A wild first round has left eight teams in the hunt, no No. 1 seeds
The Santa Clara
April 25, 2019
It’s not the nicest trophy in the world of sports. It’s old, dented and riddled with spelling mistakes and cross-outs that resemble what happens when I try to do my math homework in pen instead of pencil. While it might not be shiny and new every year, no trophy in all of sports has more character and history than the Stanley Cup.
It has sank to the bottom of a pool, been left on the side of a road and gone to war. People have urinated on it, babies have defecated in it and others have eaten cereal and drank beer out of it—sometimes two of those occurring within the same day. It has been used for baptisms, accidentally been set on fire and even has its own chaperone dubbed the “Keeper of the Cup.”
Yet, no matter what happens to the cup, players will go through just about anything to earn the right to own it for a day—a tradition started in 1995 for NHL’s championship team.
The first round of this year’s Stanley Cup playoffs concluded last night, and there was no shortage of upsets.
In the most exciting game seven and debatably the best series of the first round, the San Jose Sharks rallied back from down 3-1 in the series against the Vegas Golden Knights to force Game 7. Down 3-0 with 10:45 left to play in the third period, the Sharks once again came from behind, scoring four goals in four minutes on a five-minute major power play to take the lead. However, Vegas was able to tie the game up with 45 seconds remaining after pulling their goalie for a final attempt.
The game was pushed to overtime, where the Sharks scored after 18 more minutes to advance to the next round, marking one of the most thrilling games of the week. They will face the Colorado Avalanche in the second round.
Looking to the Eastern Conference, the Tampa Bay Lightning were swept in four games by the Columbus Blue Jackets. This was one of the most shocking results of the first round, as the Lightning tied the NHL record for regular season wins, but then failed to win a single postseason game. On the other hand, the Blue Jackets earned their first playoff series win in franchise history.
With their 4-0 series win, Columbus moves on to play the Boston Bruins, who defeated the Toronto Maple Leafs 5-1 in game seven on Tuesday night. With both teams trading wins before Boston eventually took the last two, it was Boston who struck first in Game 7 when they scored in the first period on Joakim Nordstrom’s shot. It looked like he gave the puck ghost-like characteristics, as it somehow passed through a tiny space between the left post and Toronto’s goalie’s body, giving Boston an early lead they would hold for the rest of the game.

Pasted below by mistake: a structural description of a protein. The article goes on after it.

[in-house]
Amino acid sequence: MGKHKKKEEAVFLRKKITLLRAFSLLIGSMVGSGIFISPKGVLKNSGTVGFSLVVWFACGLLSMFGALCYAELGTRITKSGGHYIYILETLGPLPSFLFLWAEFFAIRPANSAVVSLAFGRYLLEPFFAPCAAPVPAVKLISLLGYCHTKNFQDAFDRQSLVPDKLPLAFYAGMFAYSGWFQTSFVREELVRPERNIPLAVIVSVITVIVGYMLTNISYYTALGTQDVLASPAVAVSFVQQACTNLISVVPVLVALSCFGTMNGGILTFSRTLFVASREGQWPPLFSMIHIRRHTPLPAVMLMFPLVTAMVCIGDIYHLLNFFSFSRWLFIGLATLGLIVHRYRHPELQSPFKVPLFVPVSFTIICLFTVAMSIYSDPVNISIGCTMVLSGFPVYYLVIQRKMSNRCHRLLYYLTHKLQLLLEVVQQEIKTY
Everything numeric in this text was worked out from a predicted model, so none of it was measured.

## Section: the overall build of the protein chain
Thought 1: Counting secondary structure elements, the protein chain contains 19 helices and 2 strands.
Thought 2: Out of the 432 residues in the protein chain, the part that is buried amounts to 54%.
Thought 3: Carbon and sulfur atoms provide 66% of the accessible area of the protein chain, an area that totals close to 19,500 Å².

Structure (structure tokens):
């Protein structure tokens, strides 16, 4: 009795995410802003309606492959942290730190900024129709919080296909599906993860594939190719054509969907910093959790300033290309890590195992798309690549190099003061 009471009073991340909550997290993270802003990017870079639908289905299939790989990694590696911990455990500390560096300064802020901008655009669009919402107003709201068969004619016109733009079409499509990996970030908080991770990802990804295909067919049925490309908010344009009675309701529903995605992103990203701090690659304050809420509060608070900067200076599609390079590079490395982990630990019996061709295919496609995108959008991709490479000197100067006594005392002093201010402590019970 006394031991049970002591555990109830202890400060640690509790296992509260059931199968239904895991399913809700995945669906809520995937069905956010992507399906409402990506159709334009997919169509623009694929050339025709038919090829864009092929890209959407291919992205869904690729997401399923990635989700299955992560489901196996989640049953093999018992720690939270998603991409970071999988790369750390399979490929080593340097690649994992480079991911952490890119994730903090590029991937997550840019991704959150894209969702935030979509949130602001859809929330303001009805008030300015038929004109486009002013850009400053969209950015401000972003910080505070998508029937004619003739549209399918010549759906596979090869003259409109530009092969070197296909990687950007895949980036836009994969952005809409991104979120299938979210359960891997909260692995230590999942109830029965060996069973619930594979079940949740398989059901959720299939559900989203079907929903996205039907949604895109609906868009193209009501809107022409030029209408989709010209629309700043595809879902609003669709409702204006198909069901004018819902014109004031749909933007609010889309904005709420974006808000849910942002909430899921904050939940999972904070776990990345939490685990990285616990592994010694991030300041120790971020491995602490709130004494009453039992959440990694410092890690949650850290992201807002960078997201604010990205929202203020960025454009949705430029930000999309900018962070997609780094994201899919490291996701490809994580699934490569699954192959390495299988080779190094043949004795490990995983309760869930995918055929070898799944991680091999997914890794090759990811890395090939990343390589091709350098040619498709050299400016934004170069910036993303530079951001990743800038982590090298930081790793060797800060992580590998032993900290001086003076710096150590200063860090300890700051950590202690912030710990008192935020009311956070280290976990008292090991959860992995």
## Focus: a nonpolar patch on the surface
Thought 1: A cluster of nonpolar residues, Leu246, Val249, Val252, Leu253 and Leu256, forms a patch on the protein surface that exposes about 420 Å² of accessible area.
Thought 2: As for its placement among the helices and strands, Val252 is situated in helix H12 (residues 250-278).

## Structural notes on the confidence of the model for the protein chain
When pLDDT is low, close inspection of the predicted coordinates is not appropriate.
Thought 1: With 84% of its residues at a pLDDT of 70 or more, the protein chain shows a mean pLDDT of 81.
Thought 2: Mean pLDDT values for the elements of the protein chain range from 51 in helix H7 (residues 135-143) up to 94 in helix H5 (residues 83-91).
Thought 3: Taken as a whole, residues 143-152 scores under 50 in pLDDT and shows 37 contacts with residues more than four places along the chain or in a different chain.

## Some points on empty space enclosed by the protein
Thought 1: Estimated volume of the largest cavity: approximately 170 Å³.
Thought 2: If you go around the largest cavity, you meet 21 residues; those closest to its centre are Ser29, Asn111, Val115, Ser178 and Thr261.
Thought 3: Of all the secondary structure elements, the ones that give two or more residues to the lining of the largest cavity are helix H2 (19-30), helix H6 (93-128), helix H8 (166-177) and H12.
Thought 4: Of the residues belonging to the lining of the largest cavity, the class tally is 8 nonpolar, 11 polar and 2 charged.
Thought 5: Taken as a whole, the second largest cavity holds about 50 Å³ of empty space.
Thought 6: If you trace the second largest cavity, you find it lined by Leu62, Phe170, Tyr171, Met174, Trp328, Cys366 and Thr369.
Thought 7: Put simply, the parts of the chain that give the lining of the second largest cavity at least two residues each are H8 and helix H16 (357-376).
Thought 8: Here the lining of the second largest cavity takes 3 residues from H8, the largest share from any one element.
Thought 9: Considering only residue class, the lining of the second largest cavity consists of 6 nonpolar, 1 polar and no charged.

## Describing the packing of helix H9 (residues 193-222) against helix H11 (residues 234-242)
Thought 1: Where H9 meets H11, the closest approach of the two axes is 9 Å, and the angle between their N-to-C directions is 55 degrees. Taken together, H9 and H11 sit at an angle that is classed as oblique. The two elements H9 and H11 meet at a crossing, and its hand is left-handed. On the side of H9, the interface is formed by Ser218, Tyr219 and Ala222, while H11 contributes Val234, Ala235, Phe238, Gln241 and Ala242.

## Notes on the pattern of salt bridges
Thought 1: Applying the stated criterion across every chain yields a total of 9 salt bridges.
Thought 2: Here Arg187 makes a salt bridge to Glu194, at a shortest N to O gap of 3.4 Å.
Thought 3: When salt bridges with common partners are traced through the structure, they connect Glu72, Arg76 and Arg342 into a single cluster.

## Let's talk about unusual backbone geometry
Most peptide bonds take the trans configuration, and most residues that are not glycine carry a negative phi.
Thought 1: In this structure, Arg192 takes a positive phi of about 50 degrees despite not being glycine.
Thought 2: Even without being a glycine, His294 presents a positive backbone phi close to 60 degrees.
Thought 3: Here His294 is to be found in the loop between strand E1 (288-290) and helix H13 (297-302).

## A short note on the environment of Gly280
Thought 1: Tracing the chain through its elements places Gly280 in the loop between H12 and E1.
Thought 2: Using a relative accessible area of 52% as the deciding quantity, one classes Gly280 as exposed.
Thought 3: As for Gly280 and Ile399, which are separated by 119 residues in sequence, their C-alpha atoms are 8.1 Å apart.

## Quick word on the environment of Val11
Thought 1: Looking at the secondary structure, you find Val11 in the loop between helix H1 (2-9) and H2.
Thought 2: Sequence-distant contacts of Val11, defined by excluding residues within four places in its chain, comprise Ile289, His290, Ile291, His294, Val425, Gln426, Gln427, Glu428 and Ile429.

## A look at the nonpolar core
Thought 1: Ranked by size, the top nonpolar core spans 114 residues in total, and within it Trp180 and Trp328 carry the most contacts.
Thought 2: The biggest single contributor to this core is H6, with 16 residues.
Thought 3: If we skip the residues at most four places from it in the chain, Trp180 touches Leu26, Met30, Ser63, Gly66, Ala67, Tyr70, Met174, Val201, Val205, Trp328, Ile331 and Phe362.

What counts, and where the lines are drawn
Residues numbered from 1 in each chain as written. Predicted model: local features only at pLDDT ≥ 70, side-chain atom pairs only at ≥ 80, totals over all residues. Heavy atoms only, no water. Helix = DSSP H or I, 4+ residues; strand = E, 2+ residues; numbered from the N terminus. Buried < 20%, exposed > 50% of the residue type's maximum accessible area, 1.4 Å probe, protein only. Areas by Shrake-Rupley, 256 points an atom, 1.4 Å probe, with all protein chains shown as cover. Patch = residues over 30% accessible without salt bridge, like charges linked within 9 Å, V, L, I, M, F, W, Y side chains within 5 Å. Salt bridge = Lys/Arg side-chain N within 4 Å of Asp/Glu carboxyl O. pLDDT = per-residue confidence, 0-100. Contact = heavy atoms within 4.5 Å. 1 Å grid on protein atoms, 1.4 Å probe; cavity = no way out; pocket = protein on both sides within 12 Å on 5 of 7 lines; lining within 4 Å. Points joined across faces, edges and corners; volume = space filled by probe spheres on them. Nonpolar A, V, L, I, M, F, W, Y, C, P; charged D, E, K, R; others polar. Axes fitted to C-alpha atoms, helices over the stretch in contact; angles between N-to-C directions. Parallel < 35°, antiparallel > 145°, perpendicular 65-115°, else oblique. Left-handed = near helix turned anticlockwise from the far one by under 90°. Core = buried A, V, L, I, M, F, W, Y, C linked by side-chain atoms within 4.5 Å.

Elsewhere in the Eastern Conference, the Washington Capitals hosted the Carolina Hurricanes in another game seven matchup on Wednesday night. The Capitals—looking to defend their Stanley Cup championship from last year—jumped out to a two-goal lead and appeared to have things under control.
Until they found themselves in double overtime, tied at 3-3.
Things came crashing down for last year’s champions when the Hurricanes’ Justin Williams assisted Brock McGinn, who scored the series-winning goal and propelled his team past the Caps.
Carolina will meet the New York Islanders in the second round after the latter swept the Pittsburgh Penguins in another four-game series.
Although the first game in New York went to overtime—the Islanders ultimately won by one goal—the rest of the series was not as close, as New York held Pittsburgh to only one goal in each of the next three games.
Switching over to the Western Conference, the Nashville Predators were upset by the Dallas Stars in six games. Heading into the playoffs, Nashville looked promising to go deep, but their atrocious power play execution (0-15 on the series) and Dallas’ impressive defense allowed Dallas to take the series victory in the end.
In the second round, the Stars will play the St. Louis Blues, who defeated the Winnipeg Jets 4-2.
The Blues did not dominate throughout the series, and at times it actually seemed like they were holding on for dear life. They were able to pull it out however, thanks in part to their ability to stay out of the penalty box and adapt when things weren’t working in their favor.
In another Western Conference matchup, the Colorado Avalanche beat the Calgary Flames 4-1. Although the Flames were at the top of the conference throughout the regular season and the Avalanche only managed to clinch a wild card spot, barely squeezing into the Stanley Cup field, it was the Avalanche who came to play as they wiped out the Flame fairly easily.
With that, eight teams have been eliminated and eight teams have moved on.
Those that remain are one step closer to hoisting the legendary Stanley Cup trophy—but luckily for us, there’s lots of playoff hockey left until then.
Contact Kyle Lydon at firstname.lastname@example.org or call (408) 554-4852.